A recent study at the University of British Columbia indicates that cows that experienced difficult calvings (dystocia) spent less time at the feed bunk and drank less water the day before calving than herdmates with normal deliveries. Cows with dystocia were also more restless. These cows transitioned from standing to lying positions more frequently during the 24-hour period prior to calving than cows without dystocia. The researchers say that dry matter intake and standing bouts in the 24 hours before calving were the most accurate variables to differentiate between the cows with and without dystocia. Therefore, they suggest, these behaviors may be helpful to identify cows at risk — and offer future areas of study.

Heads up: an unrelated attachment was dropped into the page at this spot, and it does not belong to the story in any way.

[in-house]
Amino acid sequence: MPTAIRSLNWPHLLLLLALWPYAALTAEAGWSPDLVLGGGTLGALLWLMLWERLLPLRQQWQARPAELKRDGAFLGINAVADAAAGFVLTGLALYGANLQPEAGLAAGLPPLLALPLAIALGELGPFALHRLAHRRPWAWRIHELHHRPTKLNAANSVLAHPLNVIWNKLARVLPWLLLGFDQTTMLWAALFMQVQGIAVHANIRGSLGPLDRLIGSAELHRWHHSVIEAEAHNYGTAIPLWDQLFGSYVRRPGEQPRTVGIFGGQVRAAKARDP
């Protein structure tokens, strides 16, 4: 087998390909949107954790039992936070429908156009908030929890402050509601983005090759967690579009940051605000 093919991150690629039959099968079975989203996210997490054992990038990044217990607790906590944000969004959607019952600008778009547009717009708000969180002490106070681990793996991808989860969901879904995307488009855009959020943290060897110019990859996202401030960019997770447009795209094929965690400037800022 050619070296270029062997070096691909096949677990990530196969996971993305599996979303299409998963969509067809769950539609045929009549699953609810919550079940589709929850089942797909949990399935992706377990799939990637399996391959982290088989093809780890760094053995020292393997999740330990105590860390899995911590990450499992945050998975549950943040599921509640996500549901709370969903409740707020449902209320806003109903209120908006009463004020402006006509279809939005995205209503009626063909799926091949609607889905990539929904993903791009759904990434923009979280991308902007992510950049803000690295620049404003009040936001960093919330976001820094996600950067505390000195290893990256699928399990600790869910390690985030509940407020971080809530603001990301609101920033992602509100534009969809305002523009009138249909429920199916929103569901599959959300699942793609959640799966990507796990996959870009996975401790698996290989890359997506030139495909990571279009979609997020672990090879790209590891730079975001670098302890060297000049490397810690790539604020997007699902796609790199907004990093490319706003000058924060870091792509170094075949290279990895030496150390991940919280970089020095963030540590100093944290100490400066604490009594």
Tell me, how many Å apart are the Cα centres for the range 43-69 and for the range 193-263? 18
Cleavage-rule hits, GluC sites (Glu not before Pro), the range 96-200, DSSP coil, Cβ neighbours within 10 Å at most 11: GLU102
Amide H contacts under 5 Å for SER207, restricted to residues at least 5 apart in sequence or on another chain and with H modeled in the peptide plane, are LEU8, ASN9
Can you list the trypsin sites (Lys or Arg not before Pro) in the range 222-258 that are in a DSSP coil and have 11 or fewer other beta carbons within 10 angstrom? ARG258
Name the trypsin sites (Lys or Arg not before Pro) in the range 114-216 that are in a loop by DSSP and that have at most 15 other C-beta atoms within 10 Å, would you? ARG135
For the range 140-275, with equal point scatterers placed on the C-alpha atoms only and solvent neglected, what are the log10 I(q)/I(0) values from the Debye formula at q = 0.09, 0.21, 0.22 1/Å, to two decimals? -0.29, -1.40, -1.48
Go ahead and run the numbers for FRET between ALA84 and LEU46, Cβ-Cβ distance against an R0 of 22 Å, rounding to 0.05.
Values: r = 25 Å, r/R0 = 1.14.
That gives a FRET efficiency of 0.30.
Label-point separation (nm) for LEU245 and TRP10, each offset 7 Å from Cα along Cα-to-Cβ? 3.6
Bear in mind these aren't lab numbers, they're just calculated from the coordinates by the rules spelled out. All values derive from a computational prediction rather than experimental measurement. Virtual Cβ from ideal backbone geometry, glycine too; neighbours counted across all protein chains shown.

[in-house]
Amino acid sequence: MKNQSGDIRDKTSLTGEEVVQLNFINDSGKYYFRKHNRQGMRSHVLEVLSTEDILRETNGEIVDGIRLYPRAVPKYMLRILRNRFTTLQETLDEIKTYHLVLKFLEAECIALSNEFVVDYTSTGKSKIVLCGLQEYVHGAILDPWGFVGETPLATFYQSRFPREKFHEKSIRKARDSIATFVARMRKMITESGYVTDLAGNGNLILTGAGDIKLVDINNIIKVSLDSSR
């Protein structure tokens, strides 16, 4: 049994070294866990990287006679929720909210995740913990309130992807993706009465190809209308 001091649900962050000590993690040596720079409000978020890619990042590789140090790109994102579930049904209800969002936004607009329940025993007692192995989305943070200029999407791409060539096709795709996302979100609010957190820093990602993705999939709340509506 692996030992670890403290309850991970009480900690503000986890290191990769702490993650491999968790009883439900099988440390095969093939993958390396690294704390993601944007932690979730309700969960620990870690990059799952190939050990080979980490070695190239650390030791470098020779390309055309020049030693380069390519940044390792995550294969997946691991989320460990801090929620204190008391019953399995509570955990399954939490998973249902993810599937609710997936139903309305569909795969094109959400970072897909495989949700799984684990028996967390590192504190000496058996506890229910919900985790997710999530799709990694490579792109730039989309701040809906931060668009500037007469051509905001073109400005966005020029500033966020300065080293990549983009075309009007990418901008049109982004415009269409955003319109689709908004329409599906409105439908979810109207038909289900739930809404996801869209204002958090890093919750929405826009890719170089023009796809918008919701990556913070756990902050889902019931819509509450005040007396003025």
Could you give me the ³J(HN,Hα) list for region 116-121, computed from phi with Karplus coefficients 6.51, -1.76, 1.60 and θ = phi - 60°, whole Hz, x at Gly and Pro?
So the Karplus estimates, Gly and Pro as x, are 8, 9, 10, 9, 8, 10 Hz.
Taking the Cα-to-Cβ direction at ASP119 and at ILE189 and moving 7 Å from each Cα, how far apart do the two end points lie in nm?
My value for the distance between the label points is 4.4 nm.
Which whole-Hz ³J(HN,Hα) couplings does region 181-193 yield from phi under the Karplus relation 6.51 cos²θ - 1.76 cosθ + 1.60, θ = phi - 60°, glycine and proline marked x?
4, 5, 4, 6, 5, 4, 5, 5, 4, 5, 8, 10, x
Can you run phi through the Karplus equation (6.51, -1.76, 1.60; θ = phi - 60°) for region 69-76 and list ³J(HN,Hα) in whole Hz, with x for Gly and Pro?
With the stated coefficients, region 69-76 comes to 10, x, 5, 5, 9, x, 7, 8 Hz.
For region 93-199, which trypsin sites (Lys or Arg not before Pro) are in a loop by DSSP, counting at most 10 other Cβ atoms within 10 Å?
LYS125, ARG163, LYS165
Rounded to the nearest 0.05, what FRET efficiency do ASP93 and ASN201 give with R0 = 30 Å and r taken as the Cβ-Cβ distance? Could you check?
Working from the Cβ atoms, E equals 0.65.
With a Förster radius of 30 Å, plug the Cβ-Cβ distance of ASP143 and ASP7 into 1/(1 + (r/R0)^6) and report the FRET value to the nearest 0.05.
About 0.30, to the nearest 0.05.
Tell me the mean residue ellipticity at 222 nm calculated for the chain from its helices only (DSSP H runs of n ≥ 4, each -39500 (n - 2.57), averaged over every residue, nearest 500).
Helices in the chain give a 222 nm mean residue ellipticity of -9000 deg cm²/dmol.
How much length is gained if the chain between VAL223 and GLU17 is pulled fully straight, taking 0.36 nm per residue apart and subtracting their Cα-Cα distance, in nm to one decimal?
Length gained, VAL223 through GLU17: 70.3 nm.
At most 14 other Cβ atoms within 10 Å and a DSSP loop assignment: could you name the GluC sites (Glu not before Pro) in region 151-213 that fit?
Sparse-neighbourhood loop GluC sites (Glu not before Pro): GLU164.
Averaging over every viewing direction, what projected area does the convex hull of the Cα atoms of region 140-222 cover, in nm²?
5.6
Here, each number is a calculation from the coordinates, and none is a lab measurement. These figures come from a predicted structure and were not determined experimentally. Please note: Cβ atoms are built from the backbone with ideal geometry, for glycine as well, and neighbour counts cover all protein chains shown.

The research was published in the October Journal of Dairy Science.